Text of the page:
ML: Tell me about your use of light; it’s clear you took a lot of care with that.

JL: Well, when it goes black before those fire scenes at night, that’s my experience of camping. So often, when we see fire scenes in movies, they light up the mountain behind the characters. But when you’re out camping, you don’t see that mountain – you see nothing. That’s part of the mystery and excitement of camping. It’s about not seeing things when you’re in the darkness away from the fire. And yes, the light during the day was so important to us. I wanted the film to feel slightly like a fairy tale, almost like a memory. So we shot in very particular light, with a slightly magical feel. We didn’t want harsh, direct sunlight, so we had to use the mountains around us like clouds. We had very detailed studies; we knew when the sun would come out, what arc it would follow. I love the magic that the sun can bring; the same thing can look beautiful or utterly boring based on the light.


ML: The setting is practically a character in the story. Did it ever offer any surprises, things you hadn't counted on?

JL: Constantly. When you're out shooting with a crew of a dozen people in the middle of the mountains, nature throws you a little surprise every day. You get to appreciate the power the nuances. I try to plan things very exactly, but then I try to be open to what's happening in front of me while we're shooting. I love the fact that a bug flew into Hani Furstenberg's eye and we kept rolling. I'm sure the actors thought I would call "Cut!" but once they realized I wouldn't, they just went with it.

ML: That's remarkable, because the moment provides such a natural occasion for Dato's first sort of rescue of Nica.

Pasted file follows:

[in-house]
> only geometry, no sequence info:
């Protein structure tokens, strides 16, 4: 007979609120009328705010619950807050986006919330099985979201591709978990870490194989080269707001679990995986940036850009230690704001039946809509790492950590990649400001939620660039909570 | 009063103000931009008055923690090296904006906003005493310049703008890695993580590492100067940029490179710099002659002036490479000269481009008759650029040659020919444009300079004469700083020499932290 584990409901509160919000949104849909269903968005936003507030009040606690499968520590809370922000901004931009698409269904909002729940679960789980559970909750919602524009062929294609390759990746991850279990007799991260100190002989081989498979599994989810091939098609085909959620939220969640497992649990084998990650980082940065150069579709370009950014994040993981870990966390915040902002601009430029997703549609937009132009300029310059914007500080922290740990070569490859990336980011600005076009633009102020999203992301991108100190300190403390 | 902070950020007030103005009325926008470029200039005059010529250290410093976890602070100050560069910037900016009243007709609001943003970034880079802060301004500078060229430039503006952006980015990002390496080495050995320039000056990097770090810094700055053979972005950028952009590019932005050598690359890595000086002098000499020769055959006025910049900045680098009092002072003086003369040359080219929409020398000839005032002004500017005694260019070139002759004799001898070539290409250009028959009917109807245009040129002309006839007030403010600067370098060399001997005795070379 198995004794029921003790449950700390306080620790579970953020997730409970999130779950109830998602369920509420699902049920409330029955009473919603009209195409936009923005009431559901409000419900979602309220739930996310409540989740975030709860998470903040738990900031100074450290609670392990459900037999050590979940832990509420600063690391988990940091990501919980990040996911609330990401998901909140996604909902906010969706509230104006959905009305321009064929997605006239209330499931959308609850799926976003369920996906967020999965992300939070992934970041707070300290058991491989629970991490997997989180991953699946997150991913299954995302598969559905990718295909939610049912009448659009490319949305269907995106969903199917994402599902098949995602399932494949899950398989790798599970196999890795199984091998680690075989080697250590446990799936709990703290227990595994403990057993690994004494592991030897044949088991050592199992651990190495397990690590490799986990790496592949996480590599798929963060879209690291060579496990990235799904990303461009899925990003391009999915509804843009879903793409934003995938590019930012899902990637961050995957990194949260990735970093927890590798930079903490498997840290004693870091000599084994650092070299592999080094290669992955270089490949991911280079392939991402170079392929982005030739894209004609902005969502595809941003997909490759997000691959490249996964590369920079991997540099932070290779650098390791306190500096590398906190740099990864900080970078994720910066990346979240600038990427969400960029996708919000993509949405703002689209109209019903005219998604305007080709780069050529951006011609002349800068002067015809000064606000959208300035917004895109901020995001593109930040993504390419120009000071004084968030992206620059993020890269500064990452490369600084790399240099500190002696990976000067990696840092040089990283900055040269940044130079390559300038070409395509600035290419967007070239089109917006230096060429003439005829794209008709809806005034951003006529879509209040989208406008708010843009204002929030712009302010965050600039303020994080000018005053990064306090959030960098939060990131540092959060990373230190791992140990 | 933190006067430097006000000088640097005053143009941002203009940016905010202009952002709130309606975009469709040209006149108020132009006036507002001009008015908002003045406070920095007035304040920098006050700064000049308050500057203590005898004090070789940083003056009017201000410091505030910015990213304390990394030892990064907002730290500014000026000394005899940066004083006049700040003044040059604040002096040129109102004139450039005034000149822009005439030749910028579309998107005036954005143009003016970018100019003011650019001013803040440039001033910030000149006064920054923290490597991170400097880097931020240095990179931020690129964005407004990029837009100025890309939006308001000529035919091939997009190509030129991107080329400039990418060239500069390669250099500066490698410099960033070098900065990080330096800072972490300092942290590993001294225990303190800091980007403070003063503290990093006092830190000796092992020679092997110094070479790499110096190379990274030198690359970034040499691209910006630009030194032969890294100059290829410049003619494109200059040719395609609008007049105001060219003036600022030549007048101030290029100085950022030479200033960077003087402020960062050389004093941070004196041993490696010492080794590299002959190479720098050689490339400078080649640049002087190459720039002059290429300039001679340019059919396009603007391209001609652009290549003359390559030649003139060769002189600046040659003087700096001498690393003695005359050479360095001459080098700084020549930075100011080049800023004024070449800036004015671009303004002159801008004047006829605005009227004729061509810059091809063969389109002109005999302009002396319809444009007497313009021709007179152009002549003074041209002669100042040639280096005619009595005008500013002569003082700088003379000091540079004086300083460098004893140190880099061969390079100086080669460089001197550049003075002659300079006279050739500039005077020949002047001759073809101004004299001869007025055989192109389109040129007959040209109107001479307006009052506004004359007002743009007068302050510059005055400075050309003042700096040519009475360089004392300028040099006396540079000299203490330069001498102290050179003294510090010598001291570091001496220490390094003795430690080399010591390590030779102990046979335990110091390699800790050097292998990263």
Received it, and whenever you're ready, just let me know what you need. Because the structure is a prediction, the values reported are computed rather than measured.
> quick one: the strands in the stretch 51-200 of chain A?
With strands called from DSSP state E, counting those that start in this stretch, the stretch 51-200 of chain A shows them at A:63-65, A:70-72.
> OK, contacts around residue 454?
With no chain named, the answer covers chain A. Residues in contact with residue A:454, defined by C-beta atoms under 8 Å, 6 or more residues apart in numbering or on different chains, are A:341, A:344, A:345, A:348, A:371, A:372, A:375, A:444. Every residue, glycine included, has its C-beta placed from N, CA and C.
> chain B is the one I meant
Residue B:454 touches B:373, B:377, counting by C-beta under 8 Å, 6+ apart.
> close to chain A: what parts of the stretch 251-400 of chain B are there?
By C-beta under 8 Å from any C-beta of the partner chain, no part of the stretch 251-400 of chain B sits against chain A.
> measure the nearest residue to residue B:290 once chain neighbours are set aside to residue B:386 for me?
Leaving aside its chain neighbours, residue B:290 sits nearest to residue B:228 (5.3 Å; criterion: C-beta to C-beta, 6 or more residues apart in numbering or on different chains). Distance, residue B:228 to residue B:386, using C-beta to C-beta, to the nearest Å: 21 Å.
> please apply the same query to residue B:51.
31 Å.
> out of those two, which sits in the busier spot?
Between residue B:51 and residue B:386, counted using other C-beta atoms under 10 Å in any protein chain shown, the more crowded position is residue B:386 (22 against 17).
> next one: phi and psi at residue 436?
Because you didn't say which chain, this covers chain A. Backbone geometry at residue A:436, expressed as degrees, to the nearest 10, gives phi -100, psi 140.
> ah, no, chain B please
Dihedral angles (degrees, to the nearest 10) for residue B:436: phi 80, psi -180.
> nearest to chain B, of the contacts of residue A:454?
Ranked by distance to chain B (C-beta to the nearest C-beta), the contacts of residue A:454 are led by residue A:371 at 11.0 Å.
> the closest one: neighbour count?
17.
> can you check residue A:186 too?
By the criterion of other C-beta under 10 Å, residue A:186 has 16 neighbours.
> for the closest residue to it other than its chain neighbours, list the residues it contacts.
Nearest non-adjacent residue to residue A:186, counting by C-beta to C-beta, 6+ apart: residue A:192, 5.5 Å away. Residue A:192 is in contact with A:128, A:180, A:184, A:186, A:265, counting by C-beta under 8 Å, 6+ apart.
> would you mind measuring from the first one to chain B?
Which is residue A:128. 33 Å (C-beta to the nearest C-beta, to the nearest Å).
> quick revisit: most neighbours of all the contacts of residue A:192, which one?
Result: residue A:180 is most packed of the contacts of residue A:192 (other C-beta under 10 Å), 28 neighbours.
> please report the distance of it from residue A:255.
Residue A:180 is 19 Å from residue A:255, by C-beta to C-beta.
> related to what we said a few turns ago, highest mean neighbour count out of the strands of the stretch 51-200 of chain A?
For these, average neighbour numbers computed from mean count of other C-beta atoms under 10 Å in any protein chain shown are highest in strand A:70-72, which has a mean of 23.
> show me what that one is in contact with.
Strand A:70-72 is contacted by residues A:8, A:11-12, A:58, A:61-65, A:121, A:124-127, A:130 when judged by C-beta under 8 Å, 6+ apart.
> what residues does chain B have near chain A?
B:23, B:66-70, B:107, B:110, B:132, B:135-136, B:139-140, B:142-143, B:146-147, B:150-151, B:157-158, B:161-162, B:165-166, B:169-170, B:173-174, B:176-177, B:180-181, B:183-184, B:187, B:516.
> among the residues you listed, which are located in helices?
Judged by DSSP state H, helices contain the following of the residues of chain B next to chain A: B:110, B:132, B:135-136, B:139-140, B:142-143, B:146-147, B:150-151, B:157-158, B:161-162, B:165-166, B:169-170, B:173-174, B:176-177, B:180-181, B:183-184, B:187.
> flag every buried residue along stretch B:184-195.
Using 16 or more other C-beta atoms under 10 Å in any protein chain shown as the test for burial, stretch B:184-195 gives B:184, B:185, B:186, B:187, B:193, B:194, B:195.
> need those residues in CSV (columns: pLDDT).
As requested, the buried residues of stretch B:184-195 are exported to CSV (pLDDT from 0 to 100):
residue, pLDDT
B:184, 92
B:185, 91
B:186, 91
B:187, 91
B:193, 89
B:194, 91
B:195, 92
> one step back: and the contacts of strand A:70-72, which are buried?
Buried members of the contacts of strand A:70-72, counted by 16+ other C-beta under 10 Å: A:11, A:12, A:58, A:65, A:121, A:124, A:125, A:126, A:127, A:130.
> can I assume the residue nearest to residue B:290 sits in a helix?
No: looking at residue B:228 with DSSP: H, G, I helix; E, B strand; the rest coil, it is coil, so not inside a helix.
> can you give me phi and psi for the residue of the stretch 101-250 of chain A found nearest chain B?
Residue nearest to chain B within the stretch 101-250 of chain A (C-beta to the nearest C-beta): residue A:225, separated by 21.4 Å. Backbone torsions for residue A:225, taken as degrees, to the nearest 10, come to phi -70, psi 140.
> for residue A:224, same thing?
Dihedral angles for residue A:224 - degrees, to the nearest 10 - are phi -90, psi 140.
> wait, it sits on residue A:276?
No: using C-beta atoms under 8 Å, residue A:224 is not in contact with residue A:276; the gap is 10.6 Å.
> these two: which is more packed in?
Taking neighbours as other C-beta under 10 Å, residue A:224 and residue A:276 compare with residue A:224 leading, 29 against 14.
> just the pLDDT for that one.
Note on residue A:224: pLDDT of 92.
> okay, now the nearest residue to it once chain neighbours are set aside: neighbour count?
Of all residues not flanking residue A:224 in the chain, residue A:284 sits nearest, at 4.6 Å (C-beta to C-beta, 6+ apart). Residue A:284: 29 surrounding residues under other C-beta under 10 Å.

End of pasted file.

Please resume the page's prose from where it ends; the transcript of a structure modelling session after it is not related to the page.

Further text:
JL: People pointed that out to me afterwards. I didn't even think of it at the time.


ML: How did you interest Gael Garcia Bernal in the project?

JL: In the most traditional way: we sent him the script, and he liked it. He responded to the character, and to the question of the film. And he said he’d dreamed of going to the Caucasus as a kid, because he’d read Lermontov’s A Hero of Our Time in middle school, and it was set there. Apparently, that really sparked his imagination. So in the film, I have them reading a little bit from the novel.

ML: Alex struck me as just the sort of person who might react the way he did - sort of a sophisticate who's proud of his willingness to travel to places that aren't touristy, but not exactly an alpha male.

JL: I have to disagree with that. I think that's the most absurd thing I've heard. I think it takes a certain adventurousness to go outside of your comfort zone, a certain spirit and strength. And I think nobody knows how they're going to react. I say that as somebody who's been mugged, who's been in all kinds of different situations while traveling in Latin America, for example. How I acted was nowhere near how I thought I would. And I don't think it damns him for life. I don't believe that a single action reveals somebody's "true nature." I think good people screw up all the time. We transgress against those we love all the time, and I think people forgive the unforgivable all the time.